ME student wins national motorcycle championship

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Kettering Mechanical Engineering student Andy Weiss had no idea his co-op experience at Delphi Corporation would eventually lead to a national motorcycle championship this past October. But it did.

"Tim Barker, who works as a pipe fitter at the Delphi Flint East Operations facility, introduced me to racing when I worked at the facility for a term," explained the 22-year-old Weiss. "I've always liked motorcycles and when I found out he raced and worked on bikes, I asked if I could help out. A year later, after working with him throughout that time, I show up to help one day and Tim said, "Well, I found a bike for you to race next summer."

The excitement and success Weiss now enjoys with the sport makes him want to further his racing career.

He began racing as a novice in the Western Eastern Road Race Association (WERA), which sponsors races in Michigan, Ohio and Indiana. His first national victory came in late October at the WERA Grand National Finals (GNF) on Road Atlanta in Braselton, Georgia. Weiss won the Clubman class riding a Yamaha SZR 660 cc, which can generate speeds in excess of 135 mph. Barker, who injured his back in a previous race and asked Weiss to ride the Yamaha at the GNF, owns the bike.

Last year, as a novice, Weiss also won the regional championship for the Clubman class on a similar motorcycle and all Clubman races he entered, which qualified him to compete in the Grand National finals in 2001. However, he was unable to race because he was overseas participating in a study abroad term. This year Weiss won enough points in his region to qualify him for the GNF in Atlanta.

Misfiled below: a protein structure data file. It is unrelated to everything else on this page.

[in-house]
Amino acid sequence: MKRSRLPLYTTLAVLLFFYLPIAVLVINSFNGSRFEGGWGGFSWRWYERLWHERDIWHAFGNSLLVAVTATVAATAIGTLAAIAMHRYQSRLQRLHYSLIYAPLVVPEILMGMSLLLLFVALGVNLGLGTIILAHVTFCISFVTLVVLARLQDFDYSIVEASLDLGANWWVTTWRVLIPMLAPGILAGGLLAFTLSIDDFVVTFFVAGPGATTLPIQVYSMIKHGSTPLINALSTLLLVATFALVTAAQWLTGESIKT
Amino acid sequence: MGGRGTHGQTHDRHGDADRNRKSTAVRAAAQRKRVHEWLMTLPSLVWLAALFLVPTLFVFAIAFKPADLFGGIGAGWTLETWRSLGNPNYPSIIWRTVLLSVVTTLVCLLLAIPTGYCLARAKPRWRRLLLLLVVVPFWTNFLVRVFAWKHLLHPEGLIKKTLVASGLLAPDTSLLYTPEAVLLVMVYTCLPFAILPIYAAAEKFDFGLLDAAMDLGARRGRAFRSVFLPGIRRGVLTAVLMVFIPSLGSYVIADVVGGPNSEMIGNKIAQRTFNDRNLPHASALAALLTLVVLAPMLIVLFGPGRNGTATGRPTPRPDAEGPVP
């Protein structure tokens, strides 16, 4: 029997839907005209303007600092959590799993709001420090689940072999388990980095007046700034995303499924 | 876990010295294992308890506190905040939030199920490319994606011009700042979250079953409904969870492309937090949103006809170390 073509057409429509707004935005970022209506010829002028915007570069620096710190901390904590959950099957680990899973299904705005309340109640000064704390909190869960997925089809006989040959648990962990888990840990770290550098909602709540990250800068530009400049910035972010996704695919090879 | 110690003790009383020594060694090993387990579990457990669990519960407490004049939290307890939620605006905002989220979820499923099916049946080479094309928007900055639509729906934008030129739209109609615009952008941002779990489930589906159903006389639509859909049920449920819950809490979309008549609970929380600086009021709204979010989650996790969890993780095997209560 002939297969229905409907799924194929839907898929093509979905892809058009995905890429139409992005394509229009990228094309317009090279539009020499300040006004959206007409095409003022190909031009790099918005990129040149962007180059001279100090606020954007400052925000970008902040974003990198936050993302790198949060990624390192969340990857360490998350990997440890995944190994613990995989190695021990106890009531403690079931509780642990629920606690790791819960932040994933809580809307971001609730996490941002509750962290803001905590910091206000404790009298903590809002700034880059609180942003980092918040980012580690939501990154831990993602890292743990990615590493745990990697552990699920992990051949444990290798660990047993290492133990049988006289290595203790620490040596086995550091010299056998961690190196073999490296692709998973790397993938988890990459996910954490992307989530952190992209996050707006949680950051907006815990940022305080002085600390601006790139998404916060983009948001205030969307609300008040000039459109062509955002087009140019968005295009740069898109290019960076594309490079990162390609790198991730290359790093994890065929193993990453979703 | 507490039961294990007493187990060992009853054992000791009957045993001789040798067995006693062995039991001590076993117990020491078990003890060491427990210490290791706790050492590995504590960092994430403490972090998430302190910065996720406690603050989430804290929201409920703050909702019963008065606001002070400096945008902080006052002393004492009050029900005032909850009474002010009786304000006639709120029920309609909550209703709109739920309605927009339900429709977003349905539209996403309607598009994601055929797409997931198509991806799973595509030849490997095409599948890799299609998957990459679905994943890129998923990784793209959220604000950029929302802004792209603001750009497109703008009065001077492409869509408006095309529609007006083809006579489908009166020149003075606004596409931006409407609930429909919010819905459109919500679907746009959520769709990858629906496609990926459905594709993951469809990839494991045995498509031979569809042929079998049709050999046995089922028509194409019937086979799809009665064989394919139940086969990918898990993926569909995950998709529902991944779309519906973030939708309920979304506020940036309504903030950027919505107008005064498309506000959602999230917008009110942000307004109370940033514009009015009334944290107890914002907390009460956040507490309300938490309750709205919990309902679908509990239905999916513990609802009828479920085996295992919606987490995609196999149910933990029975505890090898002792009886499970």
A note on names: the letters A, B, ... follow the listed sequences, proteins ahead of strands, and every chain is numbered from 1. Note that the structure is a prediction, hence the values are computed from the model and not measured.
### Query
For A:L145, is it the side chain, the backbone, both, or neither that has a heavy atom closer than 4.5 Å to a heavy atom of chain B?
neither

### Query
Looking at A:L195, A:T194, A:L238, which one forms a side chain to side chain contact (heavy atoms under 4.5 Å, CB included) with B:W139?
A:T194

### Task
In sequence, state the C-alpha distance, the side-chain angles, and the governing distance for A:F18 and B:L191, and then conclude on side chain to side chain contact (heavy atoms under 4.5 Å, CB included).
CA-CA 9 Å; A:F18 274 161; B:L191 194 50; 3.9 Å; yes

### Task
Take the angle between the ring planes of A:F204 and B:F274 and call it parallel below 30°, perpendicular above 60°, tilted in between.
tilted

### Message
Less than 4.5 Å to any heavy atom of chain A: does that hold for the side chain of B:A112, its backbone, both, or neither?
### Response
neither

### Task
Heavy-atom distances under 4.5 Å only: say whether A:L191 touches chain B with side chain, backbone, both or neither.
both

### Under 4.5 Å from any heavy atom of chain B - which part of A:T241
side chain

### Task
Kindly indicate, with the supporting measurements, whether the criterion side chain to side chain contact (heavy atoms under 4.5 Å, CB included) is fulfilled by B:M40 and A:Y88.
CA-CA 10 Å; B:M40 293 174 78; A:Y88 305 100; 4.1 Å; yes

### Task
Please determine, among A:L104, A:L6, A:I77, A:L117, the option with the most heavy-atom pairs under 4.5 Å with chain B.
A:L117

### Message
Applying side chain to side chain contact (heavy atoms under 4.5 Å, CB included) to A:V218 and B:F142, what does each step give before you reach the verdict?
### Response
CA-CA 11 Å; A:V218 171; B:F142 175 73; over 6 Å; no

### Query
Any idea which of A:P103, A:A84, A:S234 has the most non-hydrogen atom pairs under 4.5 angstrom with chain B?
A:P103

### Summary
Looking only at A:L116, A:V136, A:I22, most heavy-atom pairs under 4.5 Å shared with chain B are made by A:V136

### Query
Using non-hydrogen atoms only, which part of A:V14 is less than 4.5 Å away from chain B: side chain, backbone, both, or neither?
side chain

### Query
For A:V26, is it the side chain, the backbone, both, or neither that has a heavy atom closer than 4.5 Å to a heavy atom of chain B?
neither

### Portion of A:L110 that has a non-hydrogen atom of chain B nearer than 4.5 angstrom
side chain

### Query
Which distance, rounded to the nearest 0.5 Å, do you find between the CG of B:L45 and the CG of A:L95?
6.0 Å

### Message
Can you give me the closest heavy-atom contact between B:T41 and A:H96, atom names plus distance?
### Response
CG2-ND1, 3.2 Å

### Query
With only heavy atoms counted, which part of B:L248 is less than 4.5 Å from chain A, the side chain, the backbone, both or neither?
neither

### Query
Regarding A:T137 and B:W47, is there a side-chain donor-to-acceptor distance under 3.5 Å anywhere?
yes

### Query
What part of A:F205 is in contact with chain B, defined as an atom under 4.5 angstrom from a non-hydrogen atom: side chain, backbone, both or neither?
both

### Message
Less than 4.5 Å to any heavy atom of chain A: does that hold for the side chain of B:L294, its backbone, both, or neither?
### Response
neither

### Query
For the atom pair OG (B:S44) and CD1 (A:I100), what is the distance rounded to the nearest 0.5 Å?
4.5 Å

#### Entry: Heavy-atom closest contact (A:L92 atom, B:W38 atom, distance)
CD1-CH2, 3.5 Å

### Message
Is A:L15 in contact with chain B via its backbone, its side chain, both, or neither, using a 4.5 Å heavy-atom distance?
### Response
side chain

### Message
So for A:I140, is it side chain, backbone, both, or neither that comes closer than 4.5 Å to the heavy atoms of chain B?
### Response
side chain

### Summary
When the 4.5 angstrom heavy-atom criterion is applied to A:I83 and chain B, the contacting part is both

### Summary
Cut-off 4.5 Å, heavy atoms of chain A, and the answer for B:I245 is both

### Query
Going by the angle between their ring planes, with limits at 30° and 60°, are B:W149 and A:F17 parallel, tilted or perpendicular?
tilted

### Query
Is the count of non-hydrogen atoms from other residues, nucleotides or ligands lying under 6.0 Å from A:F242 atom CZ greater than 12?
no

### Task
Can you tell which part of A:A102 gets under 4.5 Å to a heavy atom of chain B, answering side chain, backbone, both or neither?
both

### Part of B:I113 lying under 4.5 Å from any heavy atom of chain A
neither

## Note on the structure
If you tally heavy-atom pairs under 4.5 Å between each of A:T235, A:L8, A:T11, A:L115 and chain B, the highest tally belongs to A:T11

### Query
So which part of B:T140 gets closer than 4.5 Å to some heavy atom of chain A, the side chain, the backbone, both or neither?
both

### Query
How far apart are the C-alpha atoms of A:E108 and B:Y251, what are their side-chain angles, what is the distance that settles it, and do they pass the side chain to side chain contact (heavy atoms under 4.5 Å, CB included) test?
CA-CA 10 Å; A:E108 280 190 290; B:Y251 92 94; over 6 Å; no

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Since the bike he rode uses several prototype hardware components that Barker and Weiss incorporated into the bike, both were curious to see how it might perform in race conditions.

"Thom Godward, who is a senior Mechanical Engineering student at Kettering and a close friend, is the chief mechanic for the bike, so I had a ton of support in achieving my first national championship," Weiss said. "Together, we were able to get the bike ready and it really performed well."

Kettering's academic program also played a role in Weiss' recent success on the track. He said that classes dealing with metals and the mechanics of materials aided him and his crew in determining what type and series of aluminum to use for such items as foot pegs. In addition, knowing the correct viscosity of fluids also helped, especially in motor oil and front fork oil. "In racing, everyone is looking for that extra half horsepower or extra half second of lap time," Weiss said. "Knowing something about metals and oils, which I learned at Kettering, can give teams an edge."

When he's not racing or in class, Weiss works at the Delphi Corporation Technical facility in Brighton, Mich. Although he receives tremendous support for his racing from friends and family, he is cautious when discussing a possible career as a professional driver.

"Motorcycle racing is more unpredictable than the auto industry," he said. "I would like to find a good ride on a great road racing team, but first I want to get a good job, work for a growing company and save money before I consider committing to racing full-time. Next year, I would like to find a decent sponsor who can help with the cost of parts and travel, and go for another national championship."

And as far as this recent race went, Weiss was surprised to learn that another Kettering graduate finished behind him in the same racing class. Jon Jarvais '00 of Otisville, Mich., placed second.

"The last lap Jon and I traded places for the lead three times," Weiss said. "He has a lot of knowledge on building a fast bike, which was visible on the track that day."

Written by Gary J. Erwin
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